– the South Slavic (including Bulgarians and Serbs)

Bosnia and Herzegovina was one of six federal units in former Yugoslavia, and gained its independence after the Yugoslav wars of the 1990s. There are three main ethnic groups in the country. The largest group is Bosniaks, the second is the Bosnian Serbs, and the third is the Bosnian Croats.

44. Larklike bird : PIPIT
Pipits are small birds found almost everywhere on the globe, except the driest of deserts, the wettest of rainforests and Antarctica.

47. Ore-Ida parent company : HEINZ
Ore-Ida frozen foods are all made with potatoes. The company is located in Oregon, just across the border from Idaho. “Ore-Ida” is a melding of the two state names.

50. *Elemental parts of human nature : ANI(MAL I)NSTINCTS
The Republic of Mali is a landlocked country in western Africa, south of Algeria. The country’s most famous city is more famous than the country itself, namely the city of Timbuktu.

53. Posh : LUXE
Luxe can be used as an adjective, meaning elegant and sumptuous, posh.

54. Letter from Homer? : ETA
Eta is the seventh letter of the Greek alphabet, and is a forerunner of our Latin character “H”.

Homer was a famous poet of Ancient Greece, believed to be the author of the two classic epic poems, the “Iliad” and the “Odyssey”. However, some scholars believe that Homer did not actually exist, but rather he is the personification of oral tradition that was passed down through the ages.

55. ___ v. Wade : ROE
Roe v. Wade was decided in a US District Court in Texas in 1970, and reached the Supreme Court on appeal. The basic decision by the Supreme Court was that a woman’s constitutional right to privacy applied to an abortion, but that this right had to be balanced with a state’s interest in protecting an unborn child and a mother’s health. The Court further defined that the state’s interest became stronger with each trimester of a pregnancy. So, in the first trimester, the woman’s right to privacy outweighed any state interest. In the second trimester, the state’s interest in maternal health was deemed to be strong enough to allow state regulation of abortion for the sake of the mother. In the third trimester, the viability of the fetus dictated that the state’s interest in the unborn child came into play, so states could regulate or prohibit abortions, except in cases where the mother’s life was in danger. I’m no lawyer, but that’s my understanding of the initial Supreme Court decision …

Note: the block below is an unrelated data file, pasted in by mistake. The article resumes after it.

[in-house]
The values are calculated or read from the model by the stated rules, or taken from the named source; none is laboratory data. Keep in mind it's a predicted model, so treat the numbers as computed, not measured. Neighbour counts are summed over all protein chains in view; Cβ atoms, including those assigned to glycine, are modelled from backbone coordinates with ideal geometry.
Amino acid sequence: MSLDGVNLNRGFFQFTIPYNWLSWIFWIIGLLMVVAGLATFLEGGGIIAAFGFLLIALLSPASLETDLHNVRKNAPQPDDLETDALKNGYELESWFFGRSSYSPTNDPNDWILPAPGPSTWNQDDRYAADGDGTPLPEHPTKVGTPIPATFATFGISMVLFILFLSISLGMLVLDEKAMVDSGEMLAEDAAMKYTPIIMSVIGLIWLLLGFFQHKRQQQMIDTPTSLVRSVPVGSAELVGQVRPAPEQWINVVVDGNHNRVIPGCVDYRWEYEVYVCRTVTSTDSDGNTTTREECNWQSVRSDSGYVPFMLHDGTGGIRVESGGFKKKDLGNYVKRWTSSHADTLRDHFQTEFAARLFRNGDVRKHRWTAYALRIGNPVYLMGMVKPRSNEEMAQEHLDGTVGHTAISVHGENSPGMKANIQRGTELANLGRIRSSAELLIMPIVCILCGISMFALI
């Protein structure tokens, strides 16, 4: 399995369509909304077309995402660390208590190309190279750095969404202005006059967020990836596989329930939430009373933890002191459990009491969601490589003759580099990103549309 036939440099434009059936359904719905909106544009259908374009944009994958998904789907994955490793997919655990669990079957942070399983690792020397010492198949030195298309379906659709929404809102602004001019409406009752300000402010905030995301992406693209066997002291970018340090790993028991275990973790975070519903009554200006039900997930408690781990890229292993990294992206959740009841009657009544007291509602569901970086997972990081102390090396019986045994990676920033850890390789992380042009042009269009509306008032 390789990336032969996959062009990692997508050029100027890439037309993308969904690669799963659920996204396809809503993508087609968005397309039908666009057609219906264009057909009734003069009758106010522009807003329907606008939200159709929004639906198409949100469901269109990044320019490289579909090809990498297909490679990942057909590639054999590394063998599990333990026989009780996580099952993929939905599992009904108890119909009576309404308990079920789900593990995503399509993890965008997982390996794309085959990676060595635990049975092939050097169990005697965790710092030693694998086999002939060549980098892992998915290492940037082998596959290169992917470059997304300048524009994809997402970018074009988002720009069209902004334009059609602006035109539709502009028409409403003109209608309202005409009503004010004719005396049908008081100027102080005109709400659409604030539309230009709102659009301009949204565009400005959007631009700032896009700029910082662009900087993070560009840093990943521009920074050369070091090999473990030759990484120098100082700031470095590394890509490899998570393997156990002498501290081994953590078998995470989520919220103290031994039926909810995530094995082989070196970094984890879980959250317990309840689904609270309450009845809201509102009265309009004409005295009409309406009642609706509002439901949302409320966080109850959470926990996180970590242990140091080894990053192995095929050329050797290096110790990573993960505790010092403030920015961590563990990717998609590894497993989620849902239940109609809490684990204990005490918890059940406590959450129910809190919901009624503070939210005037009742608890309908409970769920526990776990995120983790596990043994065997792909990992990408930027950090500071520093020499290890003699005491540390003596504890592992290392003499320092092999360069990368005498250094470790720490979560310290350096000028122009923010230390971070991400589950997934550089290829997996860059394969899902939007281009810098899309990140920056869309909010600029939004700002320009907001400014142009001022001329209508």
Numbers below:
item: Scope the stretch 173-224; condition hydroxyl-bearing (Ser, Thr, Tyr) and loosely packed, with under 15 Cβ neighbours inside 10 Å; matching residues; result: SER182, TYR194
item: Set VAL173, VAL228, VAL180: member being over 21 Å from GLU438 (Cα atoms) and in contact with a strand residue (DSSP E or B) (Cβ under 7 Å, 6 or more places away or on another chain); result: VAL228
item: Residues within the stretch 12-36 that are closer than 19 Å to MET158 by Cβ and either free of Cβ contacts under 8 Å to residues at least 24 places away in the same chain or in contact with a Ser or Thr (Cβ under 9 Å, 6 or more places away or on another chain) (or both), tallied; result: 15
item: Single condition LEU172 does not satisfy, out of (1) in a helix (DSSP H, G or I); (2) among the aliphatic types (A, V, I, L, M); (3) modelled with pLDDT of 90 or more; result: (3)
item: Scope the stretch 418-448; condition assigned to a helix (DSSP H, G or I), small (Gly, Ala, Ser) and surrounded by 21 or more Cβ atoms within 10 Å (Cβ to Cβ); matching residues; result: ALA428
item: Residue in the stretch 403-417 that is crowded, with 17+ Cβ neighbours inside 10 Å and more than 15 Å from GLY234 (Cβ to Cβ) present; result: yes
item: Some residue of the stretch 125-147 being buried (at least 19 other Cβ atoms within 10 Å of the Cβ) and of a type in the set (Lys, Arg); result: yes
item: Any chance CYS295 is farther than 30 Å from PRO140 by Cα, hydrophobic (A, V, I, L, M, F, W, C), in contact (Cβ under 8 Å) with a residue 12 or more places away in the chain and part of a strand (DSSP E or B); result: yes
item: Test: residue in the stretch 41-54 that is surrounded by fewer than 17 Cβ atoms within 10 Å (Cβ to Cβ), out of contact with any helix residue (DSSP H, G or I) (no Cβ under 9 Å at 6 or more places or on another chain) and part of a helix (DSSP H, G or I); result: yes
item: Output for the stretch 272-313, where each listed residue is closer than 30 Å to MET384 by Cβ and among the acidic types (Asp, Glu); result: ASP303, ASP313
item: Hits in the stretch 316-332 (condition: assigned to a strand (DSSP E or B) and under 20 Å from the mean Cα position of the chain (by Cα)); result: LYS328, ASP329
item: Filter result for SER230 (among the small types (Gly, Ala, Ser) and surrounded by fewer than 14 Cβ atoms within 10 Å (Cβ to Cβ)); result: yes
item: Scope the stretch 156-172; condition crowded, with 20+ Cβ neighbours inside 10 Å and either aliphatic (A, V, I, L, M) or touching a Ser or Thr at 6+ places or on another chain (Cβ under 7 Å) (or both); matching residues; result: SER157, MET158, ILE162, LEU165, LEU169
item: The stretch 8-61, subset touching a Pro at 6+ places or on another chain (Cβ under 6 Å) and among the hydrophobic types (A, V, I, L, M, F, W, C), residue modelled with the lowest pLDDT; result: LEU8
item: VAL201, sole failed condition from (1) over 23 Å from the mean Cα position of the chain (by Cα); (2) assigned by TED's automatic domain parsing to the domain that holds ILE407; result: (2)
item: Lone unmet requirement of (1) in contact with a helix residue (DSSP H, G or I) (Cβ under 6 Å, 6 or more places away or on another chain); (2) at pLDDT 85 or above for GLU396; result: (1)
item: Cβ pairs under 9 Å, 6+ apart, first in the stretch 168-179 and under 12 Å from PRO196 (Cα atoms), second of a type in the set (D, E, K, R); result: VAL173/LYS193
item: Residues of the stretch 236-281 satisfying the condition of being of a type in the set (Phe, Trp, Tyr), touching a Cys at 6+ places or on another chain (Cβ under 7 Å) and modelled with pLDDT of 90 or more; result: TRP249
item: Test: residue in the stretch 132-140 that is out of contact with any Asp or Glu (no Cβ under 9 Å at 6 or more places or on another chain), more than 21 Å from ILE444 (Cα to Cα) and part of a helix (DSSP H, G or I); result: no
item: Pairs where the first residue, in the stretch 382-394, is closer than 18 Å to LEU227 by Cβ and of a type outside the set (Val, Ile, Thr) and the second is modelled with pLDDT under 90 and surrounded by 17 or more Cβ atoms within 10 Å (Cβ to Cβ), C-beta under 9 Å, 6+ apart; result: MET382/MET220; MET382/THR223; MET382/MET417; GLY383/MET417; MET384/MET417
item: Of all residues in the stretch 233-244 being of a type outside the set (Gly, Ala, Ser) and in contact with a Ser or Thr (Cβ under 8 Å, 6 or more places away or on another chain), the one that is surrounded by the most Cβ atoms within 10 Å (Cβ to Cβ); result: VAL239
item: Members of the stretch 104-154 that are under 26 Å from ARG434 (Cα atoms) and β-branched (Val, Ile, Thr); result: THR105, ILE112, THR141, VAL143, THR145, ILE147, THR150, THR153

56. Former White House press secretary Fleischer : ARI
Ari Fleischer was the White House Press Secretary for President George W. Bush. Fleischer now runs his own media consulting firm that specializes in representing sports players and organizations. Fleischer helped Mark McGwire handle the media when he had to admit to the use of steroids, and was briefly hired by Tiger Woods as he planned his return to the PGA after dropping out of the spotlight to handle the problems in his personal life.

65. Actors Burns and Wynn : EDS
Ed Burns is an American actor from Queens, New York. I mostly remember him for his roles in “Saving Private Ryan” and “The Holiday”.

Ed Wynn was a comedian and actor, especially popular on his own radio show. He migrated from radio to the small and big screens, moving from comic to dramatic roles. His most noted film performance was in “The Diary of Anne Frank” playing Albert Dussell, the dentist who hid from the Nazis with the Frank family. For this role Wynn was nominated for a Best Supporting Actor Oscar.

66. Guardian Angels’ toppers : BERETS
The Guardian Angels is an organization of unarmed volunteers who patrol high-crime areas and make citizen arrests when necessary. The group was founded in 1979 and originally focused on patrols of the New York City subway system. Now there are Guardian Angels operating in 15 countries and 144 cities around the world. You might recognize a Guardian Angel from his or her distinctive red beret.

Down
1. Hoover or Oreck, for short : VAC
The first practical, portable vacuum cleaner was invented by James Spangler in 1907. He sold the patent for the design to his cousin’s husband, William Henry Hoover. Hoover then made his fortune from manufacturing and selling vacuum cleaners. Hoover was so successful in my part of the world that back in Ireland we don’t use the verb “to vacuum” and instead say “to hoover”, and a hoover is what we call a vacuum cleaner, regardless of who makes it.

The Oreck Corporation was named after founder David Oreck, and makes vacuum cleaners and air purifiers. The company started out selling vacuum cleaners by mail, a new concept in 1963. David Oreck himself appears regularly as a spokesman in the company’s ads and infomercials.

2. German “I” : ICH
“Ich” is the German for “I”, as in “Ich bin ein Berliner” (I am a Berliner), the famous words of support uttered by President John F. Kennedy in 1963 in a speech in West Berlin. The supposed translation of “Ich bin ein Berliner” as “I am a jelly doughnut” … that’s just an urban legend. President Kennedy’s use of German was perfectly correct.